Language Log: ‘The Cyberpragmatics of Bounding Asterisks’

Ben Zimmer at Language Log takes my piece on bounding asterisks and runs with it, brilliantly:

Now let’s skip ahead to Internet usage. Gruber characterized the use of bounding asterisks in online communication as a form of emphasis, but pragmatically it’s a bit more complex than that. True, bounding asterisks can emphasize a word or words in plain-text messages where italics and bolding are unavailable, but the legacy of the comic strips points in another direction — the use of bounding asterisks to signal non-verbal noises or actions as a kind of self-describing stage direction. […]

What’s fascinating about these asterisked stage directions is that they have moved well beyond the onomatopoetic coughs, gulps, and sighs of the comic strips into more complex actions stated in the third person, such as *jumps up and down*.

So there’s nearly century-old precedent in comics for asterisk-like symbols to denote onomatopoetic expressions — sigh, cough, gasp, etc. — but this usage never made its way into print typography until after it became commonplace online. But where it’s used in print is not as a Markdown-like alternative to italics in general, but specifically as an alternative to italics to denote stage-like actions on the part of the writer. (Yes, Pogue’s *cough*s made it into today’s print edition of The Times.)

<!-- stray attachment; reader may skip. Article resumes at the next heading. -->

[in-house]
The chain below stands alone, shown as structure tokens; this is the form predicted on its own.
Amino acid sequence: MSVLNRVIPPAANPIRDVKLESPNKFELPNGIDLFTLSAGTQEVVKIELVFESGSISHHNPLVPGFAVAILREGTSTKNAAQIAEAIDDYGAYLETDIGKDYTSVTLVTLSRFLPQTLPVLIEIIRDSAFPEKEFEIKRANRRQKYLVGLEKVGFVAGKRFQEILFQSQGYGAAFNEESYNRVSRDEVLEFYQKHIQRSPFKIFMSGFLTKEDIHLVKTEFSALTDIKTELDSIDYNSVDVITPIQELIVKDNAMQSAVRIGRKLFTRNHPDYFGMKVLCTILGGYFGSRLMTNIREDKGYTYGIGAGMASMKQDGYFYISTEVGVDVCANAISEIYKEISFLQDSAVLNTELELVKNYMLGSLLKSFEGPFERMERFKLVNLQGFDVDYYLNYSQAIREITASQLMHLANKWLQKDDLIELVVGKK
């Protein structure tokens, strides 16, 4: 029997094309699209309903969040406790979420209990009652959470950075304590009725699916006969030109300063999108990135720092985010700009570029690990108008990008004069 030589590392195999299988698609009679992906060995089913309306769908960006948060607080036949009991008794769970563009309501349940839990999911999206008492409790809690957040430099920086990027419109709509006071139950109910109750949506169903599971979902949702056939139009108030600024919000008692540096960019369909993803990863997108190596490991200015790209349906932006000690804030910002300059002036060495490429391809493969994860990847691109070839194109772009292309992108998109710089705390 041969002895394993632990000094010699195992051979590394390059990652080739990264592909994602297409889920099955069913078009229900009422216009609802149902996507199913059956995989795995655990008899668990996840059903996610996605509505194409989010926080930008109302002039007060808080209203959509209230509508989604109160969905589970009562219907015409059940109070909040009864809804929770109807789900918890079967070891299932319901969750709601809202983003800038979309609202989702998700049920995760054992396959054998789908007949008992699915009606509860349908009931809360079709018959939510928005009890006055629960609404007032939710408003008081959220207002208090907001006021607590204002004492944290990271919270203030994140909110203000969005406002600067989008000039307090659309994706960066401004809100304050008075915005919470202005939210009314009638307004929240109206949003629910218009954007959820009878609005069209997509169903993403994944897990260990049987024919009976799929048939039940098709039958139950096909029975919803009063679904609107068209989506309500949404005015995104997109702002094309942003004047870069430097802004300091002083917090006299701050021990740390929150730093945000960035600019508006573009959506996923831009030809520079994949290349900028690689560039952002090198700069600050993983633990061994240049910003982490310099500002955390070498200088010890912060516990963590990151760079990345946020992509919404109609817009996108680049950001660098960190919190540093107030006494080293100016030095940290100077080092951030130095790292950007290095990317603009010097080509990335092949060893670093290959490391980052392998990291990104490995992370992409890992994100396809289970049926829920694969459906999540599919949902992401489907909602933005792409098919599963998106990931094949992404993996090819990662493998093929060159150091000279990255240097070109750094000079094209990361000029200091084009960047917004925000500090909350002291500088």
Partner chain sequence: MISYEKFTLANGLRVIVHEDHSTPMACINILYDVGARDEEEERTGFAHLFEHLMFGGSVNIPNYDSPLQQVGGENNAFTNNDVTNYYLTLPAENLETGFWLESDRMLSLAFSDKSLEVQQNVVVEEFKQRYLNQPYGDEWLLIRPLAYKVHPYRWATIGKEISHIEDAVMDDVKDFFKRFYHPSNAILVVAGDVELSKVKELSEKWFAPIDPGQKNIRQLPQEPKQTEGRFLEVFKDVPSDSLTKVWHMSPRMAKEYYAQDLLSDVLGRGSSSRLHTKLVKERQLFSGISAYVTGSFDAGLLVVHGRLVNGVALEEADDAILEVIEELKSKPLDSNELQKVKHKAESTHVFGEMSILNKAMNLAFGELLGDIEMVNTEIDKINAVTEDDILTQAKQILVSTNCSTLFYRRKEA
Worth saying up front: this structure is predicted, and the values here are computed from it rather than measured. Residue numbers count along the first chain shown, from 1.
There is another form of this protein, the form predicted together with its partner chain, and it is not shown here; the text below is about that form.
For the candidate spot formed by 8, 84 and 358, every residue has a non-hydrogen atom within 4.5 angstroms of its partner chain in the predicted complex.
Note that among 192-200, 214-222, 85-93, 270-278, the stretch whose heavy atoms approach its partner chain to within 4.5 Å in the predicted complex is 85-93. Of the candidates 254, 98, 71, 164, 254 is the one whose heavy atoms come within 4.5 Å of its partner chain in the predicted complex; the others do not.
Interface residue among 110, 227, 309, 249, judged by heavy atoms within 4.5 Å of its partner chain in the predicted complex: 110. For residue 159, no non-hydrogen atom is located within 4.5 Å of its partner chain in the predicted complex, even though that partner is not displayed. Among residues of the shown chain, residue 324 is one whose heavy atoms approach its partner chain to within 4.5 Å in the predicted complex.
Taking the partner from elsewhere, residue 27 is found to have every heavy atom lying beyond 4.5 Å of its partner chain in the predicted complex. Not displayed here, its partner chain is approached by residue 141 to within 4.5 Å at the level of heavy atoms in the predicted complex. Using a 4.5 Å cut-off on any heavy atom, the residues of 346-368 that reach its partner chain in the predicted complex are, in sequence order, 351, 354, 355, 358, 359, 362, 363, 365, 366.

This trend suggests that type designers should perhaps stop creating asterisks that appear quasi-superscripted, as though presumed for use to denote a footnote. Asterisks should be bigger and sit on the baseline — like other common punctuation characters (@, #, %, &) — to better work with this bracketing style.

Update: Some readers are arguing that even in this usage, asterisks should remain superscript-y, to make them more like quotation marks. I can see that argument, but to my mind this asterisk usage functions more like parenthetical brackets than quote marks. (For another, not all languages use English-style quotation punctuation. In European languages that use «guillemets», a baseline-sitting asterisk would seem natural.)

Thursday, 7 February 2013

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